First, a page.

Breakfast cereals buying guide

For many of us, ready-to-eat breakfast cereals are a staple food, and a good one can be the perfect kick-start to the day.
 
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  • Updated:29 May 2009
 

01.Breakfast cereal buying guide

Breakfast-cereal-guide
Breakfast is definitely a good idea. If you don’t eat breakfast you’ll likely be hungry mid-morning. If you’re out or at work, finding a healthy snack may not be as easy as having a healthy breakfast at home. Several studies have also suggested that children who skip breakfast tend to be fatter than those who don’t, and there’s some evidence to suggest that eating breakfast improves kids’ learning ability.



Please note: this information was current as of May 2009 but is still a useful guide today.


What makes a good cereal?

  • The best breakfast is something high in carbohydrate, to provide fuel to get you through the morning, which is why cereal is a good place to start.
  • It should ideally be high in fibre — adults should eat about 30 grams of fibre a day — and a good breakfast cereal will deliver a decent whack of your daily needs.
  • What you don’t want in a breakfast cereal is a lot of fat, sugar and salt.
    Mueslis tend to be intrinsically higher in fat than other cereals, but it's mainly the 'good' unsaturated type from the oats, seeds and nuts they invariably contain.
  • If a muesli has 10% fat or more, check the ingredients list to see where the fat comes from — the higher up the ingredients list the nuts and seeds are, the better.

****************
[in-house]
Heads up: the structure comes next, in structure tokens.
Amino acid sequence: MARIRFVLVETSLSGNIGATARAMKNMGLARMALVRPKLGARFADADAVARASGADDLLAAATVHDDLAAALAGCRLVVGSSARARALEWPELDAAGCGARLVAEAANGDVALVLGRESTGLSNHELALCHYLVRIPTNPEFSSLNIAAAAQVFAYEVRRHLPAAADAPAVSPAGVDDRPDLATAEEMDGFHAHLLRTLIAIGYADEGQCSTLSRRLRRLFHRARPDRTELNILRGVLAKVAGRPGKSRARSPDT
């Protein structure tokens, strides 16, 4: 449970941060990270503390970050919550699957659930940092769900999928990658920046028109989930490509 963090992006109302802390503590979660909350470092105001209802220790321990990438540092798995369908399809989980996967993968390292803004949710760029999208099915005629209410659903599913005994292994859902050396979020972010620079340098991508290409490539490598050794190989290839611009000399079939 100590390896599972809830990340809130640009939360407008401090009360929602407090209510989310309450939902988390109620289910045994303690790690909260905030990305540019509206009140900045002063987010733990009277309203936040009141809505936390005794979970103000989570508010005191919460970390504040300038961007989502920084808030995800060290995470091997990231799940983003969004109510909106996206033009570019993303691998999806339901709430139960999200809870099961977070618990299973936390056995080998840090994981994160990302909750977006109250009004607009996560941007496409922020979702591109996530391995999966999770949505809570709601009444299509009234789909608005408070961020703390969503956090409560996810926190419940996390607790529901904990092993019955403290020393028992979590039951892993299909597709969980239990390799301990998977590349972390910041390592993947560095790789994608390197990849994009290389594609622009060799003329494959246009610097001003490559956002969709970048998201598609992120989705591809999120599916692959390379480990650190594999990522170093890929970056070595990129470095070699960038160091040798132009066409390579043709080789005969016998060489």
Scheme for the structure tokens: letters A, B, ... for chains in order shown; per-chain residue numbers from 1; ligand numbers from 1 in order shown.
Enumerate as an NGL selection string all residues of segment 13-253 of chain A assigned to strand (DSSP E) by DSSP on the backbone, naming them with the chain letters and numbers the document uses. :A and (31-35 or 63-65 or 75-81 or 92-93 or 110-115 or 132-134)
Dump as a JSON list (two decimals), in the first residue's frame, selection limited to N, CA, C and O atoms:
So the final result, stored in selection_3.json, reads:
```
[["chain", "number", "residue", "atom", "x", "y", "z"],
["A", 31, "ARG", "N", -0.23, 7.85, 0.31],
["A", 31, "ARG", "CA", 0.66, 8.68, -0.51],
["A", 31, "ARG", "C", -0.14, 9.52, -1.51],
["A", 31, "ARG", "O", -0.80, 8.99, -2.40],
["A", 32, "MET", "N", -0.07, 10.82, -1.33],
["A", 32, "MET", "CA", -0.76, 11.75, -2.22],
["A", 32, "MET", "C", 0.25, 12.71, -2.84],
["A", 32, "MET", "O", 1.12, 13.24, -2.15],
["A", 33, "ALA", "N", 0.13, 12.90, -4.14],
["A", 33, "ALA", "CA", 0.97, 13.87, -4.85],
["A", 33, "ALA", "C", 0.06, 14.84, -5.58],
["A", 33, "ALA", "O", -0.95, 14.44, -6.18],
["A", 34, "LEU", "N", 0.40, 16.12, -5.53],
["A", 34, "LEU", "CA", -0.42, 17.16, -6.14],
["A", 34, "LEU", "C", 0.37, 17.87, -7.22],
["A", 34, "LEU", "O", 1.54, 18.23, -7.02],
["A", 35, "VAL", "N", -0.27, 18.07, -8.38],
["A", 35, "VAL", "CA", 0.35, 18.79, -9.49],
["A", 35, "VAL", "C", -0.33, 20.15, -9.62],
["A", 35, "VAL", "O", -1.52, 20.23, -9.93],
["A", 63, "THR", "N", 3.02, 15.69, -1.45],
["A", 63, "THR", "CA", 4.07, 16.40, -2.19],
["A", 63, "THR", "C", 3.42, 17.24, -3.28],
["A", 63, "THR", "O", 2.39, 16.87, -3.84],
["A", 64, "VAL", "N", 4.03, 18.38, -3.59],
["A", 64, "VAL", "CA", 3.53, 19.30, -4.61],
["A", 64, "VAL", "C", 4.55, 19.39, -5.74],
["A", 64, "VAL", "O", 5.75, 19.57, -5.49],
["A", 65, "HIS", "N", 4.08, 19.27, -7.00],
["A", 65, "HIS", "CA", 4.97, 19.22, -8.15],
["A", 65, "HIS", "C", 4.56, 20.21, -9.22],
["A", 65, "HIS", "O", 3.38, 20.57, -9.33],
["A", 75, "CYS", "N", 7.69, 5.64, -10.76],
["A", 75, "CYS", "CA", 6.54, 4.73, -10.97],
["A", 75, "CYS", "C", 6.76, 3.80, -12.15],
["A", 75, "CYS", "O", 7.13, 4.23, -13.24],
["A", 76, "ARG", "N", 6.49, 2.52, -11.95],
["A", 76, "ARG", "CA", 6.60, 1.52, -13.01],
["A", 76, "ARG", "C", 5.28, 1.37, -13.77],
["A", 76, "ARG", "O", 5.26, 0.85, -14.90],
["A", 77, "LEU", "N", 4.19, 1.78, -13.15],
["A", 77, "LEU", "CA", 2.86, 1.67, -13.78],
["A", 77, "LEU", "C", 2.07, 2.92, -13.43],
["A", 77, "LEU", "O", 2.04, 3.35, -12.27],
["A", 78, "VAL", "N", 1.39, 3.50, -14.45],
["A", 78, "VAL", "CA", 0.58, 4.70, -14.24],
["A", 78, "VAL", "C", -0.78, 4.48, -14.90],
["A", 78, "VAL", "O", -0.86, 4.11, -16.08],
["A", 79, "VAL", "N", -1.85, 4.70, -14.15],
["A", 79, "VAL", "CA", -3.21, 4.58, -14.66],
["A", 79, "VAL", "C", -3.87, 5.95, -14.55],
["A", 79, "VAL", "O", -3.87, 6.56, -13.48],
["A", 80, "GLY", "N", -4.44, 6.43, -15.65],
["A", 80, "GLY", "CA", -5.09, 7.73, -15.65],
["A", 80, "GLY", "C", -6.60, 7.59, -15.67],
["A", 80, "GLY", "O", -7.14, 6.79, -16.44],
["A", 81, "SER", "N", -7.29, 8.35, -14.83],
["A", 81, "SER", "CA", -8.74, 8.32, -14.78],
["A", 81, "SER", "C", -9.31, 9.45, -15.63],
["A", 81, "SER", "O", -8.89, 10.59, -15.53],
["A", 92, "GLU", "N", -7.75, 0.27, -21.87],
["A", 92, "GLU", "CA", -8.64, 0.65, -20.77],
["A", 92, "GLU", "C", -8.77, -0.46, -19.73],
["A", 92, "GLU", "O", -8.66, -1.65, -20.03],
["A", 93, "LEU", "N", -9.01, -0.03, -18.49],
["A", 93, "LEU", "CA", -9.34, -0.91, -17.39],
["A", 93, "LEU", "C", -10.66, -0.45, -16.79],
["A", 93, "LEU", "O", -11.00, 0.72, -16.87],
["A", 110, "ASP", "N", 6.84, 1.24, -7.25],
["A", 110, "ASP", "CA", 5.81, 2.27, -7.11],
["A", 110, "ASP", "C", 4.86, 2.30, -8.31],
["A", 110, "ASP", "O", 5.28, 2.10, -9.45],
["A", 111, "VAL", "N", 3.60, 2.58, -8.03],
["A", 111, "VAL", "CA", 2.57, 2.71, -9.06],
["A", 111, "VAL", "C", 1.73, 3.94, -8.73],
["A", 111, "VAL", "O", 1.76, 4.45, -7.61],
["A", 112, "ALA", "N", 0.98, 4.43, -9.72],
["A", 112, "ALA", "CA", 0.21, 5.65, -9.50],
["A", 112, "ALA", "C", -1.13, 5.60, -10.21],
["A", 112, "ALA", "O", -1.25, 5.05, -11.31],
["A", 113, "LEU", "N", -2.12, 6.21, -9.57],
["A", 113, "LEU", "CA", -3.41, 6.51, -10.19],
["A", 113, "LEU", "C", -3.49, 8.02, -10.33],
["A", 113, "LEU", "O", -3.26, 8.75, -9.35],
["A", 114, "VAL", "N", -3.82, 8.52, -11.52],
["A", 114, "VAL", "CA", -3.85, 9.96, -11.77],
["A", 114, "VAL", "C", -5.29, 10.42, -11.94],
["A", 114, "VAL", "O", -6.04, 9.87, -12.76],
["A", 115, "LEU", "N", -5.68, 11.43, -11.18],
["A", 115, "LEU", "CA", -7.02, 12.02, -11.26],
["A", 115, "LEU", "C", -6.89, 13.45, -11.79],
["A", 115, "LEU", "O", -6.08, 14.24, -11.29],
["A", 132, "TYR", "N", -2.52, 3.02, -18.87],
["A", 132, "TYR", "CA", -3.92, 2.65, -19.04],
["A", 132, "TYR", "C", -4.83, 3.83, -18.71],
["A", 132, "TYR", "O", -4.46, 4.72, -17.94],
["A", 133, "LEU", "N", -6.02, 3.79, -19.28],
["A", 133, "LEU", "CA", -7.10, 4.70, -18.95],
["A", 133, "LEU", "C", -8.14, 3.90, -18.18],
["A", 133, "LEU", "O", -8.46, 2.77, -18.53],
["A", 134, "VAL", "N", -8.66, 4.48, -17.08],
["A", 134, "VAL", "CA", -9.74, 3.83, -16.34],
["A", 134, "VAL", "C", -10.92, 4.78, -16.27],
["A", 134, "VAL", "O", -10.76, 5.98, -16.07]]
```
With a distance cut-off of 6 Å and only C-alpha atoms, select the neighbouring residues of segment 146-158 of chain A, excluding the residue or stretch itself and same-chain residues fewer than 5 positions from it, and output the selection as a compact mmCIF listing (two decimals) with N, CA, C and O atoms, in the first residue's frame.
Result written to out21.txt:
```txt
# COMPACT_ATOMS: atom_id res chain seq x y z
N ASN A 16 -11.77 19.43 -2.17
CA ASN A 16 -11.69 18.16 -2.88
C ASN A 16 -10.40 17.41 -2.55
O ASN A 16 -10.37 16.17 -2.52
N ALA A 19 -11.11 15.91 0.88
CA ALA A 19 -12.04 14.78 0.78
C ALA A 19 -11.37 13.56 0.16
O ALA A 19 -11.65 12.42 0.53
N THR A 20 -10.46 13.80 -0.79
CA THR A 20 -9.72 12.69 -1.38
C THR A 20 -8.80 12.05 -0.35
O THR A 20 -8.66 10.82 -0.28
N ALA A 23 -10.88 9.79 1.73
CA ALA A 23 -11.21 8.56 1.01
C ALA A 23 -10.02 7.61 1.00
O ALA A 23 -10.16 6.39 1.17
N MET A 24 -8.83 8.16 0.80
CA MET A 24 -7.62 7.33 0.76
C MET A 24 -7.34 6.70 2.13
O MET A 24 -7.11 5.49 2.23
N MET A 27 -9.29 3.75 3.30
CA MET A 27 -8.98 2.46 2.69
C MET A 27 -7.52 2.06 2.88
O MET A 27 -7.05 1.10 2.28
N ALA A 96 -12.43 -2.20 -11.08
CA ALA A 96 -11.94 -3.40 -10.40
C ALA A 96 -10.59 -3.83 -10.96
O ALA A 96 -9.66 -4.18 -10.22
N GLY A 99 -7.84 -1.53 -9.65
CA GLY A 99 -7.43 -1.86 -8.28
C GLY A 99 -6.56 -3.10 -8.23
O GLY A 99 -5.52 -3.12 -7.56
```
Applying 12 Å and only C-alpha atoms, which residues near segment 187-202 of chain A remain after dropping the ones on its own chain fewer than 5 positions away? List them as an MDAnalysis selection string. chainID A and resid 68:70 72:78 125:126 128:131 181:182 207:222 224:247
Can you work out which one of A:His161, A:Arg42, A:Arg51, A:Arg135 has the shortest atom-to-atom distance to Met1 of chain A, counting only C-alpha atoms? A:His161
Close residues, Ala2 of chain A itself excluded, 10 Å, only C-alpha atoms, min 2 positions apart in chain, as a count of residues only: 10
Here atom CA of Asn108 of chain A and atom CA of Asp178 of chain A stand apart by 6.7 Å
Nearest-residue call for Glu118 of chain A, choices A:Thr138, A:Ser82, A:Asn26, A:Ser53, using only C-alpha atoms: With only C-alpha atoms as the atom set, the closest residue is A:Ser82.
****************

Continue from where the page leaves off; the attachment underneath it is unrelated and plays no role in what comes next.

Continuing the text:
• Many breakfast cereals also have a lot of added vitamins and minerals. They can be a good source of vitamins such as B1, B2, niacin and folate, and minerals such as iron. However, it’s more important when choosing a cereal to base your shortlist on high fibre and low fat, salt and sugar before you consider vitamins and minerals.

Top sellers fall short

Only one of the top 10 selling cereals (for 2009) gets our thumbs-up as a good breakfast. Most others contain too little fibre or too much sugar.

Want to know more? Check out the full report on Breakfast cereals and our muesli test.

Kids' cereals

Kids get a raw deal with breakfast cereals. Most kids' cereals are so highly processed they no longer resemble the grain they started out as. The majority are either too salty or too sugary, and/or have too little fibre to be recommended for every day. Kids need less fibre than adults, but a cereal with a moderate amount is still a better choice for them than little or none. As a guide, kids need their age plus 5-10 grams per day. For example, a five-year-old should eat 10-15 g a day.

About the best that can be said for most kids’ cereals is that they’re better than no breakfast at all, and the vitamins and minerals as well as the calcium from the milk are a bonus.

 

 
 

 

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